Egypt and Iraq Move to Settle Debt
|December 27, 2010||Filled under Uncategorized|
Egypt may be nearing an accord with Iraq on hundreds of millions of dollars of debt built up during the reign of the Iraqi leader Saddam Hussein.
The two countries still have widely divergent estimates of what Egypt is owed by Iraq – Egypt says it is more than US$1.5 billion (Dh 5.5bn), while Iraq estimates it to be about $800 million – but an Egyptian official says the two sides are inching closer a resolution.
Numerous countries, including the UAE, have forgiven debt accumulated during Saddam Hussein’s 24-year tenure as Iraq’s president.
He was ousted after the US-led invasion of the country in 2003.
“We have indications that there is confirmed intention [by Iraq] to resolve this issue, and we hope to reach a quick settlement,” Ahmed Aboul Gheit, Egypt’s foreign minister, who is visiting Iraq, said at a news conference with the Iraqi foreign minister, Hoshyar Zebari.
Mufid Shehab, Egypt’s minister for parliamentary and legal affairs, said in 2007 that Iraq owed almost $1.6bn – $553m to the Cairo government, $222m to Egyptian private firms and $784m in damages to Egyptian workers, while Bayan Jabr Solagh, Iraq’s finance minister, put the figure at $800m.
The claims for damages stem from Saddam Hussein’s expulsion of hundreds of thousands of Egyptians after Cairo supported the US-led coalition that ousted Iraqi forces from Kuwait in the 1991 Gulf War.
Mr Aboul Gheit also referred to military debt as an outstanding issue but did not provide further details.
Nuri al Maliki, Iraq’s prime minister, is “very interested in resolving this significant issue and to close this file”, Mr Zebari said of the debt, adding that to do so would take “a political decision”.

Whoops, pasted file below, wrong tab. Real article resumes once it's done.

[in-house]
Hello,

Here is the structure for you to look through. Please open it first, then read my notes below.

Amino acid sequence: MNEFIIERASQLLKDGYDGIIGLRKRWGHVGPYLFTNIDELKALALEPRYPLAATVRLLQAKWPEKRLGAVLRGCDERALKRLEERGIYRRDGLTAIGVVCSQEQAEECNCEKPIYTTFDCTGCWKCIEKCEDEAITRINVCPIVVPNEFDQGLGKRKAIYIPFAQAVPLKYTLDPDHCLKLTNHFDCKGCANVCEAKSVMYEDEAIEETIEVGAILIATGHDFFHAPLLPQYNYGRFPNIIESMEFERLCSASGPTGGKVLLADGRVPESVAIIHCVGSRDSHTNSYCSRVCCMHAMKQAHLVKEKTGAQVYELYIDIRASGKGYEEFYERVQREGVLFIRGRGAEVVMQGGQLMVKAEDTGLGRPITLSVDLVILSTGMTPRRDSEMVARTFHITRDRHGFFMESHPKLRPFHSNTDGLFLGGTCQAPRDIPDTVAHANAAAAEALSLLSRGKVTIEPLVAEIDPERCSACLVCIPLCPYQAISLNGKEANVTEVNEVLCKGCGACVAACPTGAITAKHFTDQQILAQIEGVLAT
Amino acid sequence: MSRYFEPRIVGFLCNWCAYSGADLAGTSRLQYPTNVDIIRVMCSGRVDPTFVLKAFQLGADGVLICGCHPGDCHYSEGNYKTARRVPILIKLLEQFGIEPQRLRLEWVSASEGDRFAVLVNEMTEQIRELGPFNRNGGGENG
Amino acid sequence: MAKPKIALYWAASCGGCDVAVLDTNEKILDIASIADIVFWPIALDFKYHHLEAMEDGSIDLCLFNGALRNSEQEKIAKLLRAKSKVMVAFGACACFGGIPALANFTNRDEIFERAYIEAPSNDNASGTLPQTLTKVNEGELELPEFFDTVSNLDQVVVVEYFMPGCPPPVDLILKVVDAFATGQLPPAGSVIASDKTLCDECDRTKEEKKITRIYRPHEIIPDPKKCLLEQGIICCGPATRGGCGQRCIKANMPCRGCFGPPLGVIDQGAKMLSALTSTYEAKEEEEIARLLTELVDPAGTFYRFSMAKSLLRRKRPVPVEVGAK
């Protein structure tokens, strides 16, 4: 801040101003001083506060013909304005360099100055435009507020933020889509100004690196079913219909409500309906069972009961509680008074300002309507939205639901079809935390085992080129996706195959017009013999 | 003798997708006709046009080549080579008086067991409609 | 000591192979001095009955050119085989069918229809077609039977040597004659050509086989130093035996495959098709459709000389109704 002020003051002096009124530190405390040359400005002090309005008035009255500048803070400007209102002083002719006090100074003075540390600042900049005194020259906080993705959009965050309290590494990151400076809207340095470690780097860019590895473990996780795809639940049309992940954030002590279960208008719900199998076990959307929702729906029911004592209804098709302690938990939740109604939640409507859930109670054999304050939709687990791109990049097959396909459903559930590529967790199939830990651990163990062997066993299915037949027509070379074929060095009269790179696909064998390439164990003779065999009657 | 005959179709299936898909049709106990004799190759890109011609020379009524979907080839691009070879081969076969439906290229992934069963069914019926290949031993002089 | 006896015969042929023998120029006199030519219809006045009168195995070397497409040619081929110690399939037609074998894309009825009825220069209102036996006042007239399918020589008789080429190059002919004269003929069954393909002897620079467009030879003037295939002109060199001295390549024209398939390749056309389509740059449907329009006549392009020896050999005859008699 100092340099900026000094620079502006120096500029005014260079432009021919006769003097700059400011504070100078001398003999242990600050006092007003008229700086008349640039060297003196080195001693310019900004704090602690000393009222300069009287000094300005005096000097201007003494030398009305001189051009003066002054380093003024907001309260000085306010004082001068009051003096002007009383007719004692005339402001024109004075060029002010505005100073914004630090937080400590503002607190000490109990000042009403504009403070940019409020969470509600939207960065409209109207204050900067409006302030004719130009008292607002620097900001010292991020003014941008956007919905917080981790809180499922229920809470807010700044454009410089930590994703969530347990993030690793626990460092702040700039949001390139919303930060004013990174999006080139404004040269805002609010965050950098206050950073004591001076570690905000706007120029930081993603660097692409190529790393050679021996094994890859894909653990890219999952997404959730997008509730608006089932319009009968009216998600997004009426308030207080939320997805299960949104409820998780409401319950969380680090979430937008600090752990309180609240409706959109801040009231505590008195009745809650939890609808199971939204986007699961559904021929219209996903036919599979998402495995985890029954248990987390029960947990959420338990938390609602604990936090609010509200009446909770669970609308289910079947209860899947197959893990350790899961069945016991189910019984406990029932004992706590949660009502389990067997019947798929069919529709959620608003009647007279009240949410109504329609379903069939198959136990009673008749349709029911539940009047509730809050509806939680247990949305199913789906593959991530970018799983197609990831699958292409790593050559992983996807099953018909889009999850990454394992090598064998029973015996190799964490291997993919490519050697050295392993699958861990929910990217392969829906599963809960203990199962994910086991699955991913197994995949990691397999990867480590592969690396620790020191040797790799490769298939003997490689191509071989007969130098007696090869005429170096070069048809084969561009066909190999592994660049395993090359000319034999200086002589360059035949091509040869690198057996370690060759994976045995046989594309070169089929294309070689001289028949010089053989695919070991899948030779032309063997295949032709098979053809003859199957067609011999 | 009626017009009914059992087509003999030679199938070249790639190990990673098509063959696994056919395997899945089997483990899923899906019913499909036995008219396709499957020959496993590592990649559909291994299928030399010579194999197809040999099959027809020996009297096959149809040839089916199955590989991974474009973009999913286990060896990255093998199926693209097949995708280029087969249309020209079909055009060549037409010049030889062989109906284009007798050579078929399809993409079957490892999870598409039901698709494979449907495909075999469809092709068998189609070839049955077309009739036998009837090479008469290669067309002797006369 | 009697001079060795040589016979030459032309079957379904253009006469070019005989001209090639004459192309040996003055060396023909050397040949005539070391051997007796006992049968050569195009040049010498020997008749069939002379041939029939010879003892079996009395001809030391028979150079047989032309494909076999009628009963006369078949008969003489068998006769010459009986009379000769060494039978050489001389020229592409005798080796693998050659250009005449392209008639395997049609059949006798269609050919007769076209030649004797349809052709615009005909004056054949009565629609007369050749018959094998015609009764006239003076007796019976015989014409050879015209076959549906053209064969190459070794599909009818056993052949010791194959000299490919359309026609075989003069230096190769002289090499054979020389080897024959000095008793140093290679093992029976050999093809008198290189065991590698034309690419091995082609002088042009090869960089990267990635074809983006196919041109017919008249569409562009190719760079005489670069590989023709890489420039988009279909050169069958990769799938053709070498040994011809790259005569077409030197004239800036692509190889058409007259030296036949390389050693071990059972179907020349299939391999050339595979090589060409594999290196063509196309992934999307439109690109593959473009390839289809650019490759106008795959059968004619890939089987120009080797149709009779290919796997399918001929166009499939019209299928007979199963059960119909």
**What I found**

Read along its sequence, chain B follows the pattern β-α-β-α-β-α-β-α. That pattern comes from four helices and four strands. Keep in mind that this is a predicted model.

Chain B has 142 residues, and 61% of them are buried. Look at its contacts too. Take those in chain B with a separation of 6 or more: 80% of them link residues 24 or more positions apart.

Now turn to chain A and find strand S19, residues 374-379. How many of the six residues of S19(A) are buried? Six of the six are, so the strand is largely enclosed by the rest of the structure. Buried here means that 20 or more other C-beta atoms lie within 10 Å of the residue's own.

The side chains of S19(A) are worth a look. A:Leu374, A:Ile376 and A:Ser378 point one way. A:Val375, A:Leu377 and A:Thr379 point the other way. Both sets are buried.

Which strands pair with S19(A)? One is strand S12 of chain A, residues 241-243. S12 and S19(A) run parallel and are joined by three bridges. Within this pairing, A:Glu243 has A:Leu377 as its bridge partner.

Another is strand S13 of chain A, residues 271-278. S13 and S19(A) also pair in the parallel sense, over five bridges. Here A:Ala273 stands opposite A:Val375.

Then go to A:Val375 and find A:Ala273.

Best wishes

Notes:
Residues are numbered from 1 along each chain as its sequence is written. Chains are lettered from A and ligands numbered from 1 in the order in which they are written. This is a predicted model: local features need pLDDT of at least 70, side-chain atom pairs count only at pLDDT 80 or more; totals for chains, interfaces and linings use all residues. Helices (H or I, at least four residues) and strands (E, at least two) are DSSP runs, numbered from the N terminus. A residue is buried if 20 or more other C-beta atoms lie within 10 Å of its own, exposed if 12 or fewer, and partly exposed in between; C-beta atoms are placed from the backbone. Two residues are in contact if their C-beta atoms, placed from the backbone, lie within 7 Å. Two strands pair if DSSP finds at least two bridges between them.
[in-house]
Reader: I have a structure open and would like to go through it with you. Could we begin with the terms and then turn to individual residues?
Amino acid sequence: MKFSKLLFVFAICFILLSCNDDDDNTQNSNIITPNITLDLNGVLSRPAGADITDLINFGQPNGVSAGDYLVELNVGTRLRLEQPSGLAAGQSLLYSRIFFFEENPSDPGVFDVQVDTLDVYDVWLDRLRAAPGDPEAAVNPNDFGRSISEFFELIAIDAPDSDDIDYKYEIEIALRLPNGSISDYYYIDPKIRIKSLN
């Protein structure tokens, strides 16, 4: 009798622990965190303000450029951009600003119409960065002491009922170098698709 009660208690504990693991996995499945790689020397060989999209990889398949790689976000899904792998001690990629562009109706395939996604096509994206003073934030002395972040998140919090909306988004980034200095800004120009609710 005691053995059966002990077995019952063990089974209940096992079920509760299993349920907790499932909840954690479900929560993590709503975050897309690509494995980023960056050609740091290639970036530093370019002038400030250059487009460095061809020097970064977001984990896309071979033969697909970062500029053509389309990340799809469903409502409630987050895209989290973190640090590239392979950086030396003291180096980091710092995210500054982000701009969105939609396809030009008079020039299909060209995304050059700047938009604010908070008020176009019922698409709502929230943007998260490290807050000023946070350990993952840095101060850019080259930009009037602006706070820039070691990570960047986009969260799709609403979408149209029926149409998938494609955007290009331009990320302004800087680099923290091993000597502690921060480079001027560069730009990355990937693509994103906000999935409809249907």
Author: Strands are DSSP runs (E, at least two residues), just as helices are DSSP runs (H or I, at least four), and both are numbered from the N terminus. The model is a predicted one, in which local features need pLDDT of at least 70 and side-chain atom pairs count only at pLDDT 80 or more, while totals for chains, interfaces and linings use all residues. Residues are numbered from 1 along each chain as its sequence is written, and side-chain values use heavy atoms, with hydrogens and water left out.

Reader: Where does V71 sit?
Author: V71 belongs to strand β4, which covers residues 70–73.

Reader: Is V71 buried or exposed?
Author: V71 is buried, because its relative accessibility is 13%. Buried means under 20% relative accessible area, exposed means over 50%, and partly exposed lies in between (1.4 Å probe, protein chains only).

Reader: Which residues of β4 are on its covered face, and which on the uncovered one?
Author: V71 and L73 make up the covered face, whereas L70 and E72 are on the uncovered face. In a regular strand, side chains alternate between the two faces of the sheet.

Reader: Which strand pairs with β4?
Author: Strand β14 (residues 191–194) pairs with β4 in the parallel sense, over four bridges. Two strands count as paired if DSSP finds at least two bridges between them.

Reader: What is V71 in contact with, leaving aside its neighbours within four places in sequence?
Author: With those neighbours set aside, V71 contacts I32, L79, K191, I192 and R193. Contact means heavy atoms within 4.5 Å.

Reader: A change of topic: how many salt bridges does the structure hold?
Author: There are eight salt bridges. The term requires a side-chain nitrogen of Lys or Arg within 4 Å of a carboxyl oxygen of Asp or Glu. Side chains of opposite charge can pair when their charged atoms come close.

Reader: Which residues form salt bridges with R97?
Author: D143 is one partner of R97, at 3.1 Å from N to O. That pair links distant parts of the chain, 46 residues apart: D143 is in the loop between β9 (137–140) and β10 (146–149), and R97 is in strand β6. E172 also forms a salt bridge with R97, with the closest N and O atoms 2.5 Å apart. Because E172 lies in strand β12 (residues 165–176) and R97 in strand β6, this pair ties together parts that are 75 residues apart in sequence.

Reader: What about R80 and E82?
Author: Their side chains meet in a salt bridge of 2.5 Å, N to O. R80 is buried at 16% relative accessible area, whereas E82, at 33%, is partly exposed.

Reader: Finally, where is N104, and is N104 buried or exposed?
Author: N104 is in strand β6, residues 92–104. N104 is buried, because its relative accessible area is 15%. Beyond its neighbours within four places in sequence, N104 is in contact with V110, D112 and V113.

Mr al Maliki’s priority is the compensation owed to Egyptian workers as it was “a humanitarian file”, he said, adding that two joint committees were working to resolve the debt issue.
Mr Aboul Gheit congratulated Baghdad on its new government, which parliament approved last Tuesday after more than nine months of political deadlock.
During his visit to Iraq, the Egyptian minister is due to inaugurate Egyptian consulates in Erbil, an Iraqi-Kurdish region in northern Iraq, and in the southern port city of Basra.
As it works to resolve the debt issue with Iraq, Egypt’s government is struggling to control prices investors pay for its own debt.
The country’s central bank has cancelled an auction of 91-day Treasury bills that it originally planned to issue tomorrow.
The central bank gave no reason for the cancellation, which is not uncommon, but Treasury dealers said they believed offers for the paper might have come in too high.
“They didn’t come into the range [the bank wanted],” one dealer said.
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